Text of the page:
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Conflict heating up between Parkland Crop. and top shareholder Simpson Oil

CALGARY — The internal strife at fuel retailer Parkland Corp.continues as the Calgary-based company rejected a call by its largest shareholder to consider a potential sale of the business.
Drivers line up at a Pioneer gas station in Carleton Place, Ont., on Saturday, Nov. 8, 2008. THE CANADIAN PRESS/Sean Kilpatrick

CALGARY — The internal strife at fuel retailer Parkland Corp.continues as the Calgary-based company rejected a call by its largest shareholder to consider a potential sale of the business. 

It's the latest development in Parkland's months-long dispute with Simpson Oil, which owns about 20 per cent of Parkland shares but no longer has a seat on the fuel retailer's board after the resignation of two Simpson-nominated directors in December.

Simpson did not provide a reason for the resignations at the time, but last week sent a letter to Parkland's board calling on it to immediately "commence a review of strategic alternatives, including a potential transition of the company to new ownership."

In a news release, Simpson — which is based in the Cayman Islands — said such a review is "essential to optimize Parkland's operational and financial performance."

"As a supportive partner, we have consistently encouraged the company to maximize value and returns to shareholders. The results have fallen short of our expectations," Simpson Oil stated.

Parkland shot backlate Sunday night, saying the current call for a strategic review is an attempt by Simpson "to circumvent established corporate governance without considering the interests of all shareholders."

Parkland added that Simpson's move violates the terms of a 2019 governance agreement in which Simpson agreed to a range of provisions to ensure it would not be able to exercise undue influence and control over Parkland in pursuing its own interests.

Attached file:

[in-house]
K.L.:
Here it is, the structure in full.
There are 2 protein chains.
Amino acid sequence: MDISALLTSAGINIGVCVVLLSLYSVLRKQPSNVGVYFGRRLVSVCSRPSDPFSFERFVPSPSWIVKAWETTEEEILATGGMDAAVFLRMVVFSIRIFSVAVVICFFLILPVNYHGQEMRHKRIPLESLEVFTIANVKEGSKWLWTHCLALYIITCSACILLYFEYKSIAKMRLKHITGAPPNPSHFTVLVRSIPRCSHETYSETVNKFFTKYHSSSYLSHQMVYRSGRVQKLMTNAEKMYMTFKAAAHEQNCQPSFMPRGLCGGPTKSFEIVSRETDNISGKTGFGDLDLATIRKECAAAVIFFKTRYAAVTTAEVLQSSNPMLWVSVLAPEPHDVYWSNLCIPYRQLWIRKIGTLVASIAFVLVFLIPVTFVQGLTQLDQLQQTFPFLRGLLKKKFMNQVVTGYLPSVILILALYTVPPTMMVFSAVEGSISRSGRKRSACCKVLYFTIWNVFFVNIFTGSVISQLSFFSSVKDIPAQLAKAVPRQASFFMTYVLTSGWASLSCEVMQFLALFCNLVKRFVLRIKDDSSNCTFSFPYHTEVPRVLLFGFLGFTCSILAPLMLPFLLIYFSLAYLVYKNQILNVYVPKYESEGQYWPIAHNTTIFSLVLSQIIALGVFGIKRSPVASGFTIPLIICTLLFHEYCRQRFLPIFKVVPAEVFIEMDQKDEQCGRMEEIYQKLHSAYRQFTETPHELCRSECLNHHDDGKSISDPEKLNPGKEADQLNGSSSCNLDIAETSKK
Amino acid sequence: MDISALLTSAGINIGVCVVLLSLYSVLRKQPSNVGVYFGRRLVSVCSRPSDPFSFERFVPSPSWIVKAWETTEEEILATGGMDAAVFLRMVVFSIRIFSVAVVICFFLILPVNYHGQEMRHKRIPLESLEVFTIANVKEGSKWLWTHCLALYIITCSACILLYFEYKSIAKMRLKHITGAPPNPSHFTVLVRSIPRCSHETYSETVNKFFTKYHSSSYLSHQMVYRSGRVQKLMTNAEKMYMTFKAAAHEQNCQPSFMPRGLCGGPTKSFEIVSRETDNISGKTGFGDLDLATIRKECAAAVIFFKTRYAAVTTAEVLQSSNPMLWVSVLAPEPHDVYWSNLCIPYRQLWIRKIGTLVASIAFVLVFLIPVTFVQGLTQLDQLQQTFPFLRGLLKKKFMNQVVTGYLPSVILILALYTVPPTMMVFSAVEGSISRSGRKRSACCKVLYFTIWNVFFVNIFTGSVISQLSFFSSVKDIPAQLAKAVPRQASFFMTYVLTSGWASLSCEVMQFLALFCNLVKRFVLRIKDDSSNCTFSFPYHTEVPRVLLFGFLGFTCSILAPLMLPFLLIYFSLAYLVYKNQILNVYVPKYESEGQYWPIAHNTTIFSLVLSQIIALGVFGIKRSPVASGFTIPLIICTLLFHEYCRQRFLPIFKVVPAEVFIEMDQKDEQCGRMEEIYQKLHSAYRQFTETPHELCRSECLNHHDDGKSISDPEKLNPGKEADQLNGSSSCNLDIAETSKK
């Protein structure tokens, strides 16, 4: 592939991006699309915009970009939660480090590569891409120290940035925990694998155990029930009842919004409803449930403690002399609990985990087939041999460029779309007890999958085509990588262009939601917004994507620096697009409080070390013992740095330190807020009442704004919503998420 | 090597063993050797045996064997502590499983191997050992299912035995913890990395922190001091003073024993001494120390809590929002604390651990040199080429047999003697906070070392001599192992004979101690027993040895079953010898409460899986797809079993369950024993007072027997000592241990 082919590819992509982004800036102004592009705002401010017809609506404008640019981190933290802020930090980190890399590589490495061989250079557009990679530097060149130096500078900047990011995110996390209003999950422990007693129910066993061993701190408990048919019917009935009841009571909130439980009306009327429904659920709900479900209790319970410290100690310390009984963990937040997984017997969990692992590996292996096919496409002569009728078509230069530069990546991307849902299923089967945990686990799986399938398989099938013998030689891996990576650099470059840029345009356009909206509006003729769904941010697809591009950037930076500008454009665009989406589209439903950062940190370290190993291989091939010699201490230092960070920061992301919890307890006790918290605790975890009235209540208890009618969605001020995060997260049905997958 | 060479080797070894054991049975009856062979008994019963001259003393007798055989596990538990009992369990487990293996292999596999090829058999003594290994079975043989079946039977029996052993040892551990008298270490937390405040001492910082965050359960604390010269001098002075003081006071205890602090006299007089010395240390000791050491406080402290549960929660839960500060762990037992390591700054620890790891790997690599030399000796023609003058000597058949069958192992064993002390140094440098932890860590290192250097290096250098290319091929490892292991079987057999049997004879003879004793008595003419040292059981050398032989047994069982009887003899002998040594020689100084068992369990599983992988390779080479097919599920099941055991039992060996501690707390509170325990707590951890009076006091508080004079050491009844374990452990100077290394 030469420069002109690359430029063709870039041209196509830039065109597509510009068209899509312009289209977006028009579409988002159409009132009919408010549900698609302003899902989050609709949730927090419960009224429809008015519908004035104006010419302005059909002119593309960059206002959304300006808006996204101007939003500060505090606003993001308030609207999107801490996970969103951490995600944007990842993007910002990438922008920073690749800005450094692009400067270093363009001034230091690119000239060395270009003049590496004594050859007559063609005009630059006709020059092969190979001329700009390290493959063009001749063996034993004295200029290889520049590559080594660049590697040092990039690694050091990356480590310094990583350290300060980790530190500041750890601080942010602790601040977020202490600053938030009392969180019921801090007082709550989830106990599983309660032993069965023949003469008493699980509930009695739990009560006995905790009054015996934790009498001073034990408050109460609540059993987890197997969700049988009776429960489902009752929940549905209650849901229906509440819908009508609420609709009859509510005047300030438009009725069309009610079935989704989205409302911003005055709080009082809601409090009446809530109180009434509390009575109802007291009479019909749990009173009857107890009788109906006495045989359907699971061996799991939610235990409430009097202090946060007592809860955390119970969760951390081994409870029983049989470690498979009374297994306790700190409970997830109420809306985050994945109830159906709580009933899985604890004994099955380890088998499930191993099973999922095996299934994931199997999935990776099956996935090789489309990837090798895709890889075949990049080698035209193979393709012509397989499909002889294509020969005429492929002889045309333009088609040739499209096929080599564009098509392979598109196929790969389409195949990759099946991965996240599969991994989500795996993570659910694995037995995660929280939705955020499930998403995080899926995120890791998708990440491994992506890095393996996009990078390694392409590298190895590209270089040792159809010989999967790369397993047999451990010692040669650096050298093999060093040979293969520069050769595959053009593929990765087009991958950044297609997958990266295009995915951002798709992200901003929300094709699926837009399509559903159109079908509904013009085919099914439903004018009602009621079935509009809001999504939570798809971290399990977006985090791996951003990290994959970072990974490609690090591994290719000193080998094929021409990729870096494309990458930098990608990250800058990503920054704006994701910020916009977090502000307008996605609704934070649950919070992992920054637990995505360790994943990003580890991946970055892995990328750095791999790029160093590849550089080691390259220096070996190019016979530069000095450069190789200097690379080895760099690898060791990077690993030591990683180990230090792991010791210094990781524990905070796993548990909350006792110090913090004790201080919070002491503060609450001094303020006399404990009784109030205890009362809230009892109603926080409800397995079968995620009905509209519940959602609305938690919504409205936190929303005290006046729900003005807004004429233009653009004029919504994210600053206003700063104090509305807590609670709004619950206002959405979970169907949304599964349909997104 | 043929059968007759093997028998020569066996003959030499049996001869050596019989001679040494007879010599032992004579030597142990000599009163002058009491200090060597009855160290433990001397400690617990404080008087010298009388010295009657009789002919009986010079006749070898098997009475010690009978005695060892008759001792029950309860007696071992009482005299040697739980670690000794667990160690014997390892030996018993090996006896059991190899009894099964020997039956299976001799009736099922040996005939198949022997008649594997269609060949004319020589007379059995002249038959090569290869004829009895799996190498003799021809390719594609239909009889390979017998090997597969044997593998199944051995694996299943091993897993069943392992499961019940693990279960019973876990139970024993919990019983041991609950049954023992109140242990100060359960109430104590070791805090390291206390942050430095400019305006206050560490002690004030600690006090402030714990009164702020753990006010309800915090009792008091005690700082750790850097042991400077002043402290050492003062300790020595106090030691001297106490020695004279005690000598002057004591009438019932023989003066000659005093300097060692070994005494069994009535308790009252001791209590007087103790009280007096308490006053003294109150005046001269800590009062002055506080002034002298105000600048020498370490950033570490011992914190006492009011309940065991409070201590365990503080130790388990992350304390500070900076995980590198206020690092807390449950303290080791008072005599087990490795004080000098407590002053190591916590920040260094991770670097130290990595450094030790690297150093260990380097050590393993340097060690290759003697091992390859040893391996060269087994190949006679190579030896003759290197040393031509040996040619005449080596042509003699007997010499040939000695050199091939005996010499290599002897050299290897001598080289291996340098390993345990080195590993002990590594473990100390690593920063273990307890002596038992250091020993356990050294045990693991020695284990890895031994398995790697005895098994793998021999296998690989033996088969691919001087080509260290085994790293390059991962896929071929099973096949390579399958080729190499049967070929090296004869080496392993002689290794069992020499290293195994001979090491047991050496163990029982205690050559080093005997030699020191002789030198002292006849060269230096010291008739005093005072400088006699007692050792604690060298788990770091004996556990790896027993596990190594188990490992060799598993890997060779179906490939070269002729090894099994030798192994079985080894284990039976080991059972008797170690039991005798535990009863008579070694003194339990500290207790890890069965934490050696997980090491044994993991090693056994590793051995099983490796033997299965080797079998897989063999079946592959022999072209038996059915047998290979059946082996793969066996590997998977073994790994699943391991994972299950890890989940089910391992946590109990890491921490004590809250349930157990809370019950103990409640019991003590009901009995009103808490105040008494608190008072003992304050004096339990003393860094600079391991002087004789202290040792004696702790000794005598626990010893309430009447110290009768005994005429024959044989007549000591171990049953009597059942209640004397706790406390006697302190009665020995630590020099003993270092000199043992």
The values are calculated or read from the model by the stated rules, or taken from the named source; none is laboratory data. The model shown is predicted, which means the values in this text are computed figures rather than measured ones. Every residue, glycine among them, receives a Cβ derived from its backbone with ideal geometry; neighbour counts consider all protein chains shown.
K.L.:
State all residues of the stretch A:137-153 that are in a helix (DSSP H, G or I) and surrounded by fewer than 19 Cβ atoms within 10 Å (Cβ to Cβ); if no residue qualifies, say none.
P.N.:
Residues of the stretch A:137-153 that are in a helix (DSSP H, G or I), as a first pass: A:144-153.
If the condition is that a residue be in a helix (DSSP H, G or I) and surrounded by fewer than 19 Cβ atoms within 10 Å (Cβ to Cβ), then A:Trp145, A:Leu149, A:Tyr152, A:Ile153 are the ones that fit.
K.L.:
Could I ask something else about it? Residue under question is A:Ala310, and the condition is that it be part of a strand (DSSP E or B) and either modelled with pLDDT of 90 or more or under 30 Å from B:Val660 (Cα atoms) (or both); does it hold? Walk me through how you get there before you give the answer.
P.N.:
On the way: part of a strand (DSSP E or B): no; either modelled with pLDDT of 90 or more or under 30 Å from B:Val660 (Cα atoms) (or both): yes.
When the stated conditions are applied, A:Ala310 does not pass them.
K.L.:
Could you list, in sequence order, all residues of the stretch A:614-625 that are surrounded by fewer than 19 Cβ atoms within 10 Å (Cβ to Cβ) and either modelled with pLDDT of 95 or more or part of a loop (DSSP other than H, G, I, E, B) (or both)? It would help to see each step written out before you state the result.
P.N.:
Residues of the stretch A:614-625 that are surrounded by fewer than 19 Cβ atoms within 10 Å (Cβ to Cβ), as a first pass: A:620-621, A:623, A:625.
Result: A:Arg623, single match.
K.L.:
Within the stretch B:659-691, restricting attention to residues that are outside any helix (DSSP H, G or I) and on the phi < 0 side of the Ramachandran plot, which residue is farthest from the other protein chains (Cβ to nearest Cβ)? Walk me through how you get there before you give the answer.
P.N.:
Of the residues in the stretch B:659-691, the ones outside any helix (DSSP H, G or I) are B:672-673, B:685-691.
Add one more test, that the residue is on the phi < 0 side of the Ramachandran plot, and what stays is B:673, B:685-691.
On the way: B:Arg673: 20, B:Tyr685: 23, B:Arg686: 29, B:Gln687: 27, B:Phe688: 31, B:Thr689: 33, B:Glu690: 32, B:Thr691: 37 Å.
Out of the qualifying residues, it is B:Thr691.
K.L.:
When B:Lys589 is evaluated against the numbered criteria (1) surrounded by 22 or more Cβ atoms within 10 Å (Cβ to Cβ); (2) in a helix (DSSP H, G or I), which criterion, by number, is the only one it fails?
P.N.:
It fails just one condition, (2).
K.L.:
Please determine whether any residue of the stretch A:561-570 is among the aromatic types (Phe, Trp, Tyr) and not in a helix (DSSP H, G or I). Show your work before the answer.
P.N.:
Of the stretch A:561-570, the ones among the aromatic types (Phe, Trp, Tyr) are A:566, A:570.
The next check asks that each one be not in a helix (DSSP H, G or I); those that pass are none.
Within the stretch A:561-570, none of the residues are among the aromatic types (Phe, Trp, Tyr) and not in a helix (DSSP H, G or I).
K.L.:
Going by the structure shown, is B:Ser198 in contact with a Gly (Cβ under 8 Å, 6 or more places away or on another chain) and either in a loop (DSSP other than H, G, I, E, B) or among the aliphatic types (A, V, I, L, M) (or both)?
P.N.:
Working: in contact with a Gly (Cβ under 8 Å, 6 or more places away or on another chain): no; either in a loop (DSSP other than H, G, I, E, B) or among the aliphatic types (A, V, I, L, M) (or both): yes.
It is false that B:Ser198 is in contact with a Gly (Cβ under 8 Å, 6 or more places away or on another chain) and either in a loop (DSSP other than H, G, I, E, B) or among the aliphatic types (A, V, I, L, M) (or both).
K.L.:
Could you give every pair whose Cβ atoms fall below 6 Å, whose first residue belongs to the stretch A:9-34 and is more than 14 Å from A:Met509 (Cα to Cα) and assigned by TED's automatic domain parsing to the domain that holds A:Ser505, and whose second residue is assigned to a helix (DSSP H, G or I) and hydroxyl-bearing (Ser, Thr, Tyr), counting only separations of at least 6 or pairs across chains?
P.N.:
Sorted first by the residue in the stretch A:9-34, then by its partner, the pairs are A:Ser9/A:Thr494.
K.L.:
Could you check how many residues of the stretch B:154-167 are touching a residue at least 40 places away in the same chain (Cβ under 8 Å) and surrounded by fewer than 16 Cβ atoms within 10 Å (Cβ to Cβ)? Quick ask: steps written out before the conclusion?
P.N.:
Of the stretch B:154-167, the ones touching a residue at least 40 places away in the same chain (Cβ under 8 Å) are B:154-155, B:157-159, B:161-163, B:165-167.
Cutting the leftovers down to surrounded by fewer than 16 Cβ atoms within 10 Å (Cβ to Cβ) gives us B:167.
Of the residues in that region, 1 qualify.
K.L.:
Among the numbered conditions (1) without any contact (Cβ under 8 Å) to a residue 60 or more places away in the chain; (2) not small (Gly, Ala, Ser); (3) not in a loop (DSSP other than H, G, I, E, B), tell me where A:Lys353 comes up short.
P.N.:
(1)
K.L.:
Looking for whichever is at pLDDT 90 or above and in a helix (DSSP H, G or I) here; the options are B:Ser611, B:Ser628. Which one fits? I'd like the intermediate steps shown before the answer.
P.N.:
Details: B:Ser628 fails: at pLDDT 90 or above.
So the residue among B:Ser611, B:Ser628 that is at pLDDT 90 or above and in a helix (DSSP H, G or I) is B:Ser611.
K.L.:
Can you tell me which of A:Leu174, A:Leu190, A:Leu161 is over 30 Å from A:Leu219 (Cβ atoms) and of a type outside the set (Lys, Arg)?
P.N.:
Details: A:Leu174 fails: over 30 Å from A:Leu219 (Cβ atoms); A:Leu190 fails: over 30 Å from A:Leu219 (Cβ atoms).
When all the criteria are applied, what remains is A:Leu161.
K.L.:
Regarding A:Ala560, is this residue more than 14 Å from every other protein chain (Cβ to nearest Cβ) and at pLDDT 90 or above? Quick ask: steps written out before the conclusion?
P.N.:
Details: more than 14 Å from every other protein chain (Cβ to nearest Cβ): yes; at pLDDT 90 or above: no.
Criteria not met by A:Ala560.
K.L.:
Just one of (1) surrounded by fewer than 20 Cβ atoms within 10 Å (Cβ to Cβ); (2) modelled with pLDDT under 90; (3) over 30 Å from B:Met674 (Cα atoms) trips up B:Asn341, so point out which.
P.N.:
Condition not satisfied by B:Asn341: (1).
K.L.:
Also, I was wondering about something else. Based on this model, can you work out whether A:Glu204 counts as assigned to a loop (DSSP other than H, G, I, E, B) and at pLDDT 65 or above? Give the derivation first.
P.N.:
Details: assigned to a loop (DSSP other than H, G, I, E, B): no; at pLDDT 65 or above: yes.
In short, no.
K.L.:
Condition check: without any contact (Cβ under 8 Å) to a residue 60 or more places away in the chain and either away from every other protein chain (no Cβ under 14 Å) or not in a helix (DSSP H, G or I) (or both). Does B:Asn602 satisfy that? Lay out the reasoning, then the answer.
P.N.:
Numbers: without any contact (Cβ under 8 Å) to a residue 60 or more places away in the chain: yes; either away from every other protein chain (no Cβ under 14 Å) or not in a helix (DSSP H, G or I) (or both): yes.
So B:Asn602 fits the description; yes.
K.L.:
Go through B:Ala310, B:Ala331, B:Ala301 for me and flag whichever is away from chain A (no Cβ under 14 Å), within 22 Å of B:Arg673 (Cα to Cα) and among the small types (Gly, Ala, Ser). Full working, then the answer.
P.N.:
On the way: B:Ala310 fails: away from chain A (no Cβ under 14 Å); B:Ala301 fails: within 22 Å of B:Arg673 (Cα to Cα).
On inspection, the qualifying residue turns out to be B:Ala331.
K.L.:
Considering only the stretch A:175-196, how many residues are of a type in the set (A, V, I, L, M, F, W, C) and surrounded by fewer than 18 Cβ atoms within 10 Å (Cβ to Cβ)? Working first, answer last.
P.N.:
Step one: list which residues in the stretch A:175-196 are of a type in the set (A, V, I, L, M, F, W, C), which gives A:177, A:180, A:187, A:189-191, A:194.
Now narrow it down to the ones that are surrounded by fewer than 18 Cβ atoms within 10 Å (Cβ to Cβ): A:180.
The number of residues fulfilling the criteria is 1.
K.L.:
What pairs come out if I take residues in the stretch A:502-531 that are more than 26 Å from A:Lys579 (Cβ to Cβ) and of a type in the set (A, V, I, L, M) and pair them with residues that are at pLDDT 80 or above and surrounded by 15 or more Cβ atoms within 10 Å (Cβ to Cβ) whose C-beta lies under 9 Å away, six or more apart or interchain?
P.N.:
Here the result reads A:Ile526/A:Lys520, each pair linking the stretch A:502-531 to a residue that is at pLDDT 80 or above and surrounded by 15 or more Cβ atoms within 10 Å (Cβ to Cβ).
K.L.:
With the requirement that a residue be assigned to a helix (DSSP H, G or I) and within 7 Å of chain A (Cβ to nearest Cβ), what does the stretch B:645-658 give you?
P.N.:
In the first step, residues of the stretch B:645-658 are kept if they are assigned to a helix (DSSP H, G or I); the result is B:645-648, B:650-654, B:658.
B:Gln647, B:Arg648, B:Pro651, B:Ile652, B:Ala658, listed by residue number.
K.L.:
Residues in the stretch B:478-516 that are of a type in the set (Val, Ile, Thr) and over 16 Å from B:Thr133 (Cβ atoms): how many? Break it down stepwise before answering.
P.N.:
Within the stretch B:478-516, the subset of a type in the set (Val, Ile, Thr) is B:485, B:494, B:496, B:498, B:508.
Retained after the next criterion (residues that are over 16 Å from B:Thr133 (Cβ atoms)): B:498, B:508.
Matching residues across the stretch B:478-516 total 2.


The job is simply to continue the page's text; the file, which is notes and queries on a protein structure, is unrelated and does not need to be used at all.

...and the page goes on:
"Parkland will enforce the terms of the governance agreement while remaining willing to engage with Simpson," Parkland stated.

Simpson Oil is the previous owner of Caribbean fuel retailer Sol, which has since been acquired by Parkland. Simpson has been a Parkland shareholder since 2017.

Simpson's call for a strategic review of Parkland marks the second time in just over a year that a shareholder has gone public with concerns about the company's direction. 

Last March, U.S.-based activist investor Engine Capital LP publicly urged Parkland to get rid of what it called "non-core assets'' and become a pure-play fuel and convenience retailer.

While Parkland rejected Engine's suggestion that it sell or spin off its Burnaby, B.C. refinery, the company did make other changes including putting a number of other assets, such as certain retail locations, up for sale and making changes to its board of directors.

In a research note Sunday, CIBC Capital Markets analyst Kevin Chiang said Simpson Oil's public call for a strategic review suggests the discussions between Parkland and its largest shareholder have reached an "impasse."

He added he agrees with Simpson's assessment that Parkland has underperformed the broader market over the last few years, and said that Simpson taking a more activist approach could be a good thing.

"While we will need to see how (Simpson and Parkland) work through their issues, we view this recent development as a positive for (Parkland's) share price," Chiang wrote.

Parkland's share price has been on a downward slide since February, but as of midday Monday was up more than five per cent to $42.99.

"In our view, the tension between Parkland and its largest shareholder has created an overhang given elevated uncertainty, which we believe has been the key driver of recent underperformance," said Luke Davis of RBC Capital Markets in a note.

This report by The Canadian Press was first published April 15, 2024.

Companies in this story: (TSX:PKI)

Amanda Stephenson, The Canadian Press

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